Ipswich: Horn Again as Rosie gets a falsie!

IPSWICH: You know how it is for ladies of a certain age...you might lose your best features and need a bit of cosmetic work to make you look your best again.

That’s what’s happened to one of the best known figures in Ipswich – and now Rosie the Rhino, whose horn was stolen last year, is back to her best complete with a new addition.

But rhino-horn rustlers beware! This isn’t the real thing, however smart it looks...it’s made out of glass fibre and will be no use in any medicines.

The town was stunned when thieves broke into the museum during the early hours of July 28 last year and stole Rosie’s horn.

It was one of about 20 raids at museums and auction houses across the UK and Europe last year targeting rhino horns – used in Far Eastern-based medicinal products.


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Police linked the theft with several other incidents and the investigation was taken over by the Metropolitan Police wildlife crime section.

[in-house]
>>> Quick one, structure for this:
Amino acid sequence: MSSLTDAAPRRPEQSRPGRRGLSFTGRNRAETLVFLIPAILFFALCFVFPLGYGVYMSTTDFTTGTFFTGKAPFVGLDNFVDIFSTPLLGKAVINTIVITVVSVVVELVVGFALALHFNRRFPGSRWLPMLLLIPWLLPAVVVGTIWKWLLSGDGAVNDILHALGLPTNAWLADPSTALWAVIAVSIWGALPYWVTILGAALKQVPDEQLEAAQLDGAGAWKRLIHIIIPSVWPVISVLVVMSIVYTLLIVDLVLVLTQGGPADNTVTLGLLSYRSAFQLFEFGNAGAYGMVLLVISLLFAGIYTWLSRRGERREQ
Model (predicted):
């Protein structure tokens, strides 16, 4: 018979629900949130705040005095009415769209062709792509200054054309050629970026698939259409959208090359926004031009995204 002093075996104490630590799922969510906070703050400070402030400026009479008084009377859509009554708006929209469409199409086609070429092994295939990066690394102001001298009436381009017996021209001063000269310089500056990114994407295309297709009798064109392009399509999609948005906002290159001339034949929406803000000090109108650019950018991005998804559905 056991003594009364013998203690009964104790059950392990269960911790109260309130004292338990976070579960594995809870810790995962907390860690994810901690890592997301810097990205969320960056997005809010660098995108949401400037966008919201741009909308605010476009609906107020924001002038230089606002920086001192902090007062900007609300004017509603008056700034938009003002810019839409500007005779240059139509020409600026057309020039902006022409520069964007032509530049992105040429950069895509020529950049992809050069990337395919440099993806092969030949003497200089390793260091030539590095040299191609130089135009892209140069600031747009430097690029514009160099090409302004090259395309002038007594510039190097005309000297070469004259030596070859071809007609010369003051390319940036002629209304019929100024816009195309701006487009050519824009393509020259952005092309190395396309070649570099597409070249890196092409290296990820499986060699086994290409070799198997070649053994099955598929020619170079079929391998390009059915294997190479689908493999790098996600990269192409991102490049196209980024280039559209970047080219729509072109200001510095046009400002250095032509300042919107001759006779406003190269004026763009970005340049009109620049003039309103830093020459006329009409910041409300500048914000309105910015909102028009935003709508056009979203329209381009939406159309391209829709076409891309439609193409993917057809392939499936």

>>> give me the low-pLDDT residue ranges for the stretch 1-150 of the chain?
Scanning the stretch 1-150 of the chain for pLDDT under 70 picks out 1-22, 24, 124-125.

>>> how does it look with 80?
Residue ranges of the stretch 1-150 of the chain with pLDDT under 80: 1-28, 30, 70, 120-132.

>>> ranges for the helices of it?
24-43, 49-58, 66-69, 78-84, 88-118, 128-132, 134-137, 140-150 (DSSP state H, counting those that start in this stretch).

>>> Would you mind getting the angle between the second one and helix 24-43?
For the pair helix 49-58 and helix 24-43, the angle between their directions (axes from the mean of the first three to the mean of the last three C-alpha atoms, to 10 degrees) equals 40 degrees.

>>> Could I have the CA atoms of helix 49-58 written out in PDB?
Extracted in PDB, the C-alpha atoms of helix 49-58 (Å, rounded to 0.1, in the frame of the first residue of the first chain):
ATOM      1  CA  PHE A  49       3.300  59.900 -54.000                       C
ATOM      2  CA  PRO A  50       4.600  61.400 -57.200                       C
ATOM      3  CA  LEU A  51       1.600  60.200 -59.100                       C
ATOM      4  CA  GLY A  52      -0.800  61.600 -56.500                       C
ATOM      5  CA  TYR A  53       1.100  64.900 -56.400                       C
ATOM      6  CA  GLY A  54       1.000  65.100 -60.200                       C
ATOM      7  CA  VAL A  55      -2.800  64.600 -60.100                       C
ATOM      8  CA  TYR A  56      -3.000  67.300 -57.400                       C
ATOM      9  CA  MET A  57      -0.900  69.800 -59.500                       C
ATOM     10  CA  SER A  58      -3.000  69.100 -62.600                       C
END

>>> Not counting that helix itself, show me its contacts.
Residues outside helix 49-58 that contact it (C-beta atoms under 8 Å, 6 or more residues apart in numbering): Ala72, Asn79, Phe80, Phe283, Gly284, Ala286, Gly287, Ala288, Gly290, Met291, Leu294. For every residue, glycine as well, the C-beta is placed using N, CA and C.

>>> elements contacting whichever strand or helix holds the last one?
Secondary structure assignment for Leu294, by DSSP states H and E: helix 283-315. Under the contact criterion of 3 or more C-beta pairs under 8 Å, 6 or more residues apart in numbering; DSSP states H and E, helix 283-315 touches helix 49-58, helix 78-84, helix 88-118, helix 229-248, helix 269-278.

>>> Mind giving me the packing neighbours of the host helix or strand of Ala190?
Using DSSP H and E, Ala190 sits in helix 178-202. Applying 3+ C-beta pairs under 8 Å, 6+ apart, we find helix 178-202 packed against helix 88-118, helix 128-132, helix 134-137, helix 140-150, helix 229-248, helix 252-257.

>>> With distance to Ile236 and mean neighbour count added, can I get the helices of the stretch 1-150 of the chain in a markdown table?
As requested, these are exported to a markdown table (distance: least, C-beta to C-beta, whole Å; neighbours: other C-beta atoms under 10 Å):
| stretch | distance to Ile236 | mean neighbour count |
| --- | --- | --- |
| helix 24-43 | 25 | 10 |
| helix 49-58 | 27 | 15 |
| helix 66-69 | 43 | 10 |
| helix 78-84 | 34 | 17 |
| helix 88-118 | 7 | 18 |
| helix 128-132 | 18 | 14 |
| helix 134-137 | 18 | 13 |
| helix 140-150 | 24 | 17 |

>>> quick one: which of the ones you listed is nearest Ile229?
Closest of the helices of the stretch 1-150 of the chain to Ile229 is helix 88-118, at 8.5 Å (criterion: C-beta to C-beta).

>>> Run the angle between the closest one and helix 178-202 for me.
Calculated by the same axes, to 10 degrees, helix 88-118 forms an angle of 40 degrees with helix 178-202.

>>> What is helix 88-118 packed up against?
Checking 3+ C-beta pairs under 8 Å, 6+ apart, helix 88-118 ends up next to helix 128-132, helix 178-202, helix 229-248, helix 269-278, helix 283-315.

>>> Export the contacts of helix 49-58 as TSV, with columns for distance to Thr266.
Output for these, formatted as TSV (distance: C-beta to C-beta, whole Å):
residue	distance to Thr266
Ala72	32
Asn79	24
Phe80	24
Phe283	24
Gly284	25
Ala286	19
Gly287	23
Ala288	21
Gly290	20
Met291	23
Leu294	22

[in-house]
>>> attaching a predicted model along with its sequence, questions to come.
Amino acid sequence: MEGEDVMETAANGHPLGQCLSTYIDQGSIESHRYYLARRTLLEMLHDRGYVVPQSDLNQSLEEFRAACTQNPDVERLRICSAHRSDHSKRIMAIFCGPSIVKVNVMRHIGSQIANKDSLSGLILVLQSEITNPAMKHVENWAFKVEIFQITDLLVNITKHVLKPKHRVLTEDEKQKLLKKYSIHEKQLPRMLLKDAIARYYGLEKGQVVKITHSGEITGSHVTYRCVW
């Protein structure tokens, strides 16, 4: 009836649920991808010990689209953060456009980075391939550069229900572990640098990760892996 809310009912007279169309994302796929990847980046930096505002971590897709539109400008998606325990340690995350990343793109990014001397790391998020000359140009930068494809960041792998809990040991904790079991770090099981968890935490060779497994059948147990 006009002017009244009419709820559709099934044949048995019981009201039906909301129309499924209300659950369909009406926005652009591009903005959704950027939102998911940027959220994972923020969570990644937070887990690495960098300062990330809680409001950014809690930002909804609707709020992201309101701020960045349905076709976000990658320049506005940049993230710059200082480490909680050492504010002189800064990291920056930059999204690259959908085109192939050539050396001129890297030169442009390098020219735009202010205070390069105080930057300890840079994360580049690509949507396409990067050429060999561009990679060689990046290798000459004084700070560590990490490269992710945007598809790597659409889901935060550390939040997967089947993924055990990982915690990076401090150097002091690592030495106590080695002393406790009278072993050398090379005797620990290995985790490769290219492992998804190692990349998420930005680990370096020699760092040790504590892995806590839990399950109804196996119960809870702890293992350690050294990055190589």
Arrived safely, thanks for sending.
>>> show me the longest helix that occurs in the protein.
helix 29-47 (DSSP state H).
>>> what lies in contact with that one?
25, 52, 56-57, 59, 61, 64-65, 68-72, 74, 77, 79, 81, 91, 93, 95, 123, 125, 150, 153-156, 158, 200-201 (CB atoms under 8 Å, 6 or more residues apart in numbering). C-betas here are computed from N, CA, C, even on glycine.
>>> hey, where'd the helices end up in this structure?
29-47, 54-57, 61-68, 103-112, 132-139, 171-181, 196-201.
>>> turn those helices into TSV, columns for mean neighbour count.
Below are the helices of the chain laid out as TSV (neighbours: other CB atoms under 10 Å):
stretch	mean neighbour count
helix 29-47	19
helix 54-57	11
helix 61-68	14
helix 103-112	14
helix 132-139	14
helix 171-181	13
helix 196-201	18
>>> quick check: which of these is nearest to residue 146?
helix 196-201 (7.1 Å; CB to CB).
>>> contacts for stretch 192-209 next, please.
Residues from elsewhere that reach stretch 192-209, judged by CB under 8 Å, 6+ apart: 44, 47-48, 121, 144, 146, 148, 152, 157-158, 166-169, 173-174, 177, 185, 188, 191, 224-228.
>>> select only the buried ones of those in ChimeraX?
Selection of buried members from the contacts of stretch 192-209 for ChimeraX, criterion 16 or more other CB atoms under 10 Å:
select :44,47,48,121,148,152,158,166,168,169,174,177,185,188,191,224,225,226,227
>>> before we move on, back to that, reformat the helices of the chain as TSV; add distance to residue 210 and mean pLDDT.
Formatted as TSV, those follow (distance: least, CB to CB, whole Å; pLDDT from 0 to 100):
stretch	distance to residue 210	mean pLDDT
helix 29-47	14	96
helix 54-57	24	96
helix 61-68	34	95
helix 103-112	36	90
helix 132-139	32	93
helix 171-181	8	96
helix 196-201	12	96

There have been arrests for some of the raids – but not the Ipswich theft and there has been no sign of Rosie’s horn or of a rhino skull which was stolen in the same theft.

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But now a replica horn has been made for Rosie and was fitted yesterday – restoring her appearance as a star exhibit at the Ipswich Museum.

It was made and fitted by experts from London who worked with museum official Bob Entwistle.

Bryony Rudkin, councillor with responsibility for culture, was delighted by the new horn. She said: “We all think it is fantastic. You can’t see where it starts, it looks so real.

“We will have to leave this notice here and a sign to make sure people know it’s a replica. There’s no way of telling just by looking.

“The loss of Rosie’s horn last year was a huge blow to the museum and visitors were really shocked by what happened – they’ll be glad to see her looking back at her best.”

The new horn was made by the team that restored Rosie back in 1988 when the Natural History Gallery at the museum was created.

There is a large sign warning would-be robbers that it would be pointless stealing the replica horn – although in fact the replica might do anyone who ate it less harm than the actual horn, which is believed to have been preserved in arsenic by the Victorians who originally stuffed Rosie.

n Are you glad to see Rosie with a new horn? Write to Your Letters, Ipswich Star, 30 Lower Brook Street, Ipswich, IP4 1AN or e-mail starletters @archant.co.uk

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